The particular semidirect product that motivated your question is actually a very good example to see what's "really" involved in general semidirect products. The group Aff(2) of affine transformations of the plane contains the subgroup $T$ of rigid translations and the subgroup $F$ of affine transformations that fix the origin; the former is isomorphic to $\mathbb R^2$ and the latter to $SL_2(\mathbb R)$. Furthermore, any affine transformation can be uniquely expressed as the composition of a member of $F$ followed by a member of $T$. The idea here is that, given an affine transformation $\alpha$, you can first find a member $\phi$ of $F$ that has the same effect as $\alpha$ on directions and on lengths in any direction; then $\alpha=\tau\circ\phi$, where $\tau\in T$ translates the origin to the same place where $\alpha$ moves the origin. The fact that any $\alpha\in\text{Aff}(2)$ is given by a member of $F$ and a member of $T$, suggests that we're dealing with a direct product, $T\times F$, but that's only correct in terms of the sets, not in terms of the group structure. To see why the group structure is more complicated, consider what happens when we follow the $\alpha$ above with another affine transformation $\alpha'=\tau'\circ\phi'$ (where $\tau'\in T$ and $\phi'\in F$ as before). The effect of $\alpha'\circ\alpha=\tau'\circ\phi'\circ\tau\circ\phi$ on directions and on lengths is given nicely by $\phi'\circ\phi$, but where $\alpha'\circ\alpha$ moves the origin is not given simply by $\tau'\circ\tau$. The reason is that, once the origin has been moved to a new position by $\tau$, it will be moved again by $\phi'$ before $\tau'$ acts on it. Specifically, if $\tau$ was translation by a vector $\vec v$ and $\tau'$ by $\vec v'$, then $\alpha'\circ\alpha=\tau'\circ\phi'\circ\tau\circ\phi$ moves the origin not to $\vec v+\vec v'$ but to $\phi'(\vec v)+\vec v'$. So the multiplication differs from what you'd have in a direct product; the difference is that the $F$ component of the left factor modifies the $T$ component of the right factor before the $T$ components are combined.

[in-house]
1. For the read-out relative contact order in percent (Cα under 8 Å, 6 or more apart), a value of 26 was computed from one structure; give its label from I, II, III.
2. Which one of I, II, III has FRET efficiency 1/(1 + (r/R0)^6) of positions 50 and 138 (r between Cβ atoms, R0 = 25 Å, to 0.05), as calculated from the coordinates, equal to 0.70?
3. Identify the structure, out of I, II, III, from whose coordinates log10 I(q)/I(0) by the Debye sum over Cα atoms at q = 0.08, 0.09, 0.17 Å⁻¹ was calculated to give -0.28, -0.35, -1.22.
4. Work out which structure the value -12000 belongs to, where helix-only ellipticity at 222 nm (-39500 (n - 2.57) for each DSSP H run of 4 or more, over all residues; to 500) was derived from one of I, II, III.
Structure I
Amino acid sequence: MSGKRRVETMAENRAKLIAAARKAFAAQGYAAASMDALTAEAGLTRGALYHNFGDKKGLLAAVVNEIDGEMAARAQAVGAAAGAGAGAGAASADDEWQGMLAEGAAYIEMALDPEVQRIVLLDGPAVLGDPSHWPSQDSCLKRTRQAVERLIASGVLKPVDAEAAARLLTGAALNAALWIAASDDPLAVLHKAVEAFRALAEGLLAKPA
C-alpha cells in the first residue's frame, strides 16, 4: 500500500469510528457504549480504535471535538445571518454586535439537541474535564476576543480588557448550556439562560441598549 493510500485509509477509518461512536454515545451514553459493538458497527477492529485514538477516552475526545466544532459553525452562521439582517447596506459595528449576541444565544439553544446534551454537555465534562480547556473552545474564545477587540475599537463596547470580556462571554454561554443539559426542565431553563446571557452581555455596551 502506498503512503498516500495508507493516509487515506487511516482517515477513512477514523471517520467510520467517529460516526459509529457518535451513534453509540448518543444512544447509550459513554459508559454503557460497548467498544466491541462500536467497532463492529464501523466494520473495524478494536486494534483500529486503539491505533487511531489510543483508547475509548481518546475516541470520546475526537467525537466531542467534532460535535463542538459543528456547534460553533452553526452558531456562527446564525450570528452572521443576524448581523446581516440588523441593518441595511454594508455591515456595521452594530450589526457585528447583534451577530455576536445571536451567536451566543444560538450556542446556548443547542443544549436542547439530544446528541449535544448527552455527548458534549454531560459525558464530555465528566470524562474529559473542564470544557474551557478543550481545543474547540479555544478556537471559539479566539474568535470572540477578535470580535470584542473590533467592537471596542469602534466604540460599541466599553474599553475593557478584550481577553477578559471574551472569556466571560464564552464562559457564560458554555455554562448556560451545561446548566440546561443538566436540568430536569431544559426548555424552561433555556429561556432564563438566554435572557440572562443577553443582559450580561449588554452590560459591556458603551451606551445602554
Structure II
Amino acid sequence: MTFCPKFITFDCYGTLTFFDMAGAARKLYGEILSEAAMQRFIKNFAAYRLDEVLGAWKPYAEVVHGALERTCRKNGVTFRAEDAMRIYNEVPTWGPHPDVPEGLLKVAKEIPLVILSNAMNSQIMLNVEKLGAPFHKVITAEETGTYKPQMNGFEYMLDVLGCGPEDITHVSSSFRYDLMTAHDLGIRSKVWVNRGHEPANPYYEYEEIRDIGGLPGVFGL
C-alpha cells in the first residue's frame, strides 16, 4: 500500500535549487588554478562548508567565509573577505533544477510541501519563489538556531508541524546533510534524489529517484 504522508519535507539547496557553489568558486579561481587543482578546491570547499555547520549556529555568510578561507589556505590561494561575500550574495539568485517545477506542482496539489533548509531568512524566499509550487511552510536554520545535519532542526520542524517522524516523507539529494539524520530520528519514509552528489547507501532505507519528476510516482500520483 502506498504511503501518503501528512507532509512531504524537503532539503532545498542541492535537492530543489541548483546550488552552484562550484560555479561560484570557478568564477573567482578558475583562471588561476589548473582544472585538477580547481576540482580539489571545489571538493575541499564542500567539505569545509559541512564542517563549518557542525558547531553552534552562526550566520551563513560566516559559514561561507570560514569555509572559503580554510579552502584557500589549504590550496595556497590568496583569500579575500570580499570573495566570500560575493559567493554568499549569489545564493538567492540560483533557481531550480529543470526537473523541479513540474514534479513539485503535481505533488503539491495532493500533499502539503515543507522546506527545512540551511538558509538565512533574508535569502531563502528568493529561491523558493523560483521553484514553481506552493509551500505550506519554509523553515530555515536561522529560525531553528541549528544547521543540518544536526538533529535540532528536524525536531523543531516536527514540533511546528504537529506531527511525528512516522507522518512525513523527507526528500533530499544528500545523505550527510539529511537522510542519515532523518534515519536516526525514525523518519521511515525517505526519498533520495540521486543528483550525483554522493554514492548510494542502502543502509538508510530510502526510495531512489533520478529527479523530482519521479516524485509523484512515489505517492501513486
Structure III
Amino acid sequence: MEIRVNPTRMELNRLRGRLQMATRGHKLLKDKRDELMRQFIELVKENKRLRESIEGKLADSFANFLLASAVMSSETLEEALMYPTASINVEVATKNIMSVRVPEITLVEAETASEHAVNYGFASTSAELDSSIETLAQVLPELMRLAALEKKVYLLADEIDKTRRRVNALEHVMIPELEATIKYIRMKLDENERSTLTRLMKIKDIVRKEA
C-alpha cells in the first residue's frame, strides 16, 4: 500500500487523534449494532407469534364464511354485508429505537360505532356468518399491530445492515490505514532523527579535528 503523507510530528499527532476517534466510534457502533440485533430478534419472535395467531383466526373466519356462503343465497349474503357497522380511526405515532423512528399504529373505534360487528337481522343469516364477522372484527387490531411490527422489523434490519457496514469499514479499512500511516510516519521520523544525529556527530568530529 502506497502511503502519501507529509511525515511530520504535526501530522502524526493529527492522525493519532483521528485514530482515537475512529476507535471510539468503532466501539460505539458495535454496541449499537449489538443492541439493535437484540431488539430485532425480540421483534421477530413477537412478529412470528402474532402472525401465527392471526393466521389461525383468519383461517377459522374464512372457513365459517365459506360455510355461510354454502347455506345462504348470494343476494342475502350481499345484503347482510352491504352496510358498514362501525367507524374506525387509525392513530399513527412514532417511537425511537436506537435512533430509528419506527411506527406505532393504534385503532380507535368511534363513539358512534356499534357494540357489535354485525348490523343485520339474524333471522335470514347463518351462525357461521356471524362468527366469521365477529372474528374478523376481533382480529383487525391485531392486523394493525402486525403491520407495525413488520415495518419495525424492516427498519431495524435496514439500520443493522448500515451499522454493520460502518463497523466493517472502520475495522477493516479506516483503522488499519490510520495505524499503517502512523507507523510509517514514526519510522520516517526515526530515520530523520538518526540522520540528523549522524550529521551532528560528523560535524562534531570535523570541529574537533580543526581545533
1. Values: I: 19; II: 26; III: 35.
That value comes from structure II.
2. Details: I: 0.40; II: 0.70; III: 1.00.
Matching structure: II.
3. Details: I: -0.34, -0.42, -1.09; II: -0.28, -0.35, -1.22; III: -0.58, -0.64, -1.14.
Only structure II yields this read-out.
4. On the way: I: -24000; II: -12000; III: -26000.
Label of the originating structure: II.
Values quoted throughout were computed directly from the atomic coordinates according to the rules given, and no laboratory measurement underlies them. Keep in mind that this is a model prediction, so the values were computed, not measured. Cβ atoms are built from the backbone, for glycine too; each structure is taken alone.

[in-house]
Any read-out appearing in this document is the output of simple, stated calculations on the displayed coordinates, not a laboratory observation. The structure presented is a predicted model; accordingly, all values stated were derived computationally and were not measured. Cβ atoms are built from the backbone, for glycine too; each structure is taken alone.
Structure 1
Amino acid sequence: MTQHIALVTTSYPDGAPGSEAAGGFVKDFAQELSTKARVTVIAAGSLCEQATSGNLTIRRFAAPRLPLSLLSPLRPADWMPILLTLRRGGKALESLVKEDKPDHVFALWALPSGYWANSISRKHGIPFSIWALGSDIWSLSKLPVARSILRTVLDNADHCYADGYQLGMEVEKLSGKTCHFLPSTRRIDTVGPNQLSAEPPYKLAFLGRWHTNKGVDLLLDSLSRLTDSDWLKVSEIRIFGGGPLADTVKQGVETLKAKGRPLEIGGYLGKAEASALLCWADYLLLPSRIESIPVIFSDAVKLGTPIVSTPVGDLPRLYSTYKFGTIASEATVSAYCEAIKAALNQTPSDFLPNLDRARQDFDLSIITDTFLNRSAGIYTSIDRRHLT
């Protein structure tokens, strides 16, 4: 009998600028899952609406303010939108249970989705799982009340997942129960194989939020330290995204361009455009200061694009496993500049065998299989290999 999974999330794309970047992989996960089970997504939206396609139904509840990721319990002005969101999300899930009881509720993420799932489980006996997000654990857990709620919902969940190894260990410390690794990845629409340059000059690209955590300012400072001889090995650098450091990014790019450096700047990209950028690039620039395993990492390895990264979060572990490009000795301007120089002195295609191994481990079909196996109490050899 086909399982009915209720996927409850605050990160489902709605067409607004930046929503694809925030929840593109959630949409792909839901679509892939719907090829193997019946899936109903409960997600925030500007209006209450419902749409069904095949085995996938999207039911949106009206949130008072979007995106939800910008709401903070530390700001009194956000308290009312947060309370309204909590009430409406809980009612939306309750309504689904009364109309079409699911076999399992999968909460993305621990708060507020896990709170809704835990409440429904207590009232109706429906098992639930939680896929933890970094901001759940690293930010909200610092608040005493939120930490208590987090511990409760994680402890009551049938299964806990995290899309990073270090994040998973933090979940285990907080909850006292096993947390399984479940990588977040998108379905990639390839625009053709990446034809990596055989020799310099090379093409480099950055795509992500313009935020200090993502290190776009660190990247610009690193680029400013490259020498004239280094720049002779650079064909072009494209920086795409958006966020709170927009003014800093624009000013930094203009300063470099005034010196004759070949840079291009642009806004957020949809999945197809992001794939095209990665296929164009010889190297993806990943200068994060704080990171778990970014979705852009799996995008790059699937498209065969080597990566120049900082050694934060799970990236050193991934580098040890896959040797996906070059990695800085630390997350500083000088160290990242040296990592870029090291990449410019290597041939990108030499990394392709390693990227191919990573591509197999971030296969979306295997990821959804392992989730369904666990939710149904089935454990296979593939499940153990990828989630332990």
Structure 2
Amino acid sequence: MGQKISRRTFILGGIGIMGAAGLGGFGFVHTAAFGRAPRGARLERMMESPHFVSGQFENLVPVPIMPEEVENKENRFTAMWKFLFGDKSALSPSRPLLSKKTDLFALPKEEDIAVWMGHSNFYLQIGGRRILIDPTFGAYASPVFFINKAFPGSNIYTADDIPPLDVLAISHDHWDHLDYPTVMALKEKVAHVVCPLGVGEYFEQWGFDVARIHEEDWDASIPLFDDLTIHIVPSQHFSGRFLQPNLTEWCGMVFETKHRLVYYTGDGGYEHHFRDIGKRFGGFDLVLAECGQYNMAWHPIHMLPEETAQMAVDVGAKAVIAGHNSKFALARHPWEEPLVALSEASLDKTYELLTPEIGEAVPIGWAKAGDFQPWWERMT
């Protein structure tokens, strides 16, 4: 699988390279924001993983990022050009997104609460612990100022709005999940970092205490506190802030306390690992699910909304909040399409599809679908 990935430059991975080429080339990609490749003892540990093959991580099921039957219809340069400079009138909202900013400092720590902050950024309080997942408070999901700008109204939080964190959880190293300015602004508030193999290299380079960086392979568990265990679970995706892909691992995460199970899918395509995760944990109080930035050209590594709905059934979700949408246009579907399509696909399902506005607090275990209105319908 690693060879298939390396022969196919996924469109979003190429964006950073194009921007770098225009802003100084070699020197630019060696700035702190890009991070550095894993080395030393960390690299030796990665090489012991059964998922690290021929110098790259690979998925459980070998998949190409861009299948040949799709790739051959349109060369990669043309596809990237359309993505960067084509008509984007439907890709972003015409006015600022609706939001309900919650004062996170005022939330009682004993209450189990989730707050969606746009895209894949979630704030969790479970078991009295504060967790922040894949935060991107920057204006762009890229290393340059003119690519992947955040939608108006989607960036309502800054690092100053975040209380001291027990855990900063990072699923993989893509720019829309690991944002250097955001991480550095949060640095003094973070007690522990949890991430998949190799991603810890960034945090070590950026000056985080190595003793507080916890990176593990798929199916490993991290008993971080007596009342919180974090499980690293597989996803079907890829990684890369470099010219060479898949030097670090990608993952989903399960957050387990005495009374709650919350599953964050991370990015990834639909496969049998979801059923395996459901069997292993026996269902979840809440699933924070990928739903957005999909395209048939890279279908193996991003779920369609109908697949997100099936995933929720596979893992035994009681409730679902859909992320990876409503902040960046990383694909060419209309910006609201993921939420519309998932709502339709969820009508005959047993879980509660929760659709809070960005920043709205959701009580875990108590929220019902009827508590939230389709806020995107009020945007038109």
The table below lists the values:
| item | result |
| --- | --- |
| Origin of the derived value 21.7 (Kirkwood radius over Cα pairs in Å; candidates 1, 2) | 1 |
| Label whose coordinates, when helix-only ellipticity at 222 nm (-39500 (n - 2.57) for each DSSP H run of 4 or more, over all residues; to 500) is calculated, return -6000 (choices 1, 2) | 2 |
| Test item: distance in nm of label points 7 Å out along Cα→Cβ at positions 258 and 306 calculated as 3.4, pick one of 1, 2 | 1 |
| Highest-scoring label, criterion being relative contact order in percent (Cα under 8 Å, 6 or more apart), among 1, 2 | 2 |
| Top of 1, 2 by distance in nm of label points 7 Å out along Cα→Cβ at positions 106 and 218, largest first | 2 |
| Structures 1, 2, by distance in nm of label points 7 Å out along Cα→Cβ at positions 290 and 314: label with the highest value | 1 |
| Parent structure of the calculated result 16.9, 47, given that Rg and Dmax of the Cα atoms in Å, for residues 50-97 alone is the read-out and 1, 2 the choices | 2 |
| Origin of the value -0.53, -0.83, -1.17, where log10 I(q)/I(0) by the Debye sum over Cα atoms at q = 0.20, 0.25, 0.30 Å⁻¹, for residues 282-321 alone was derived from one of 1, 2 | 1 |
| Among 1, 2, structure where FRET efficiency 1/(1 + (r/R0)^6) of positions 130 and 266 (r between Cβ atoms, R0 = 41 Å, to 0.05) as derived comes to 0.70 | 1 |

In general, then, a semidirect product of groups $A$ and $B$ consists of pairs $(a,b)$ but the product $(a',b')\cdot(a,b)$ is not $(a'\cdot a,b'\cdot b)$ but $(a'\cdot\xi(b')(a),b'\cdot b)$. Here $\xi(b')$ tells how the presence of $b'$ modifies the $a$ factor before it gets multiplied by $a'$. In the example, $\xi$ of an element of $F$ modifies translations by acting on the associated vector $\vec v$. In general, $\xi(b')$ needs to be an automorphism of the group $A$, and the map $\xi$ from $B$ into the group of automorphisms of $A$ needs to be a homomorphism, in order for the semidirect product to be a group. To specify a semidirect product, one needs to specify not only the two groups $A$ and $B$ but also the homomorphism $\xi$.

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The symbol $\;$ "$\rtimes$" $\; $ is used to denote the semi-direct product.

  • "In mathematics, specifically in group theory, a semidirect product is a particular way in which a group can be constructed from two subgroups, one of which is a normal subgroup. A semidirect product is a generalization of a direct product."

Let $G$ be a group with identity element $e$, $N$ a normal subgroup of $G$ and $H$ a subgroup of $G$. The following statements are equivalent:

  • $G = NH$ and $N \cap H = \{e\}$.
  • $G = HN$ and $N \cap H = \{e\}$.
  • Every $g\in G$ can be written as a unique product of an element of $N$ and an element of $H$.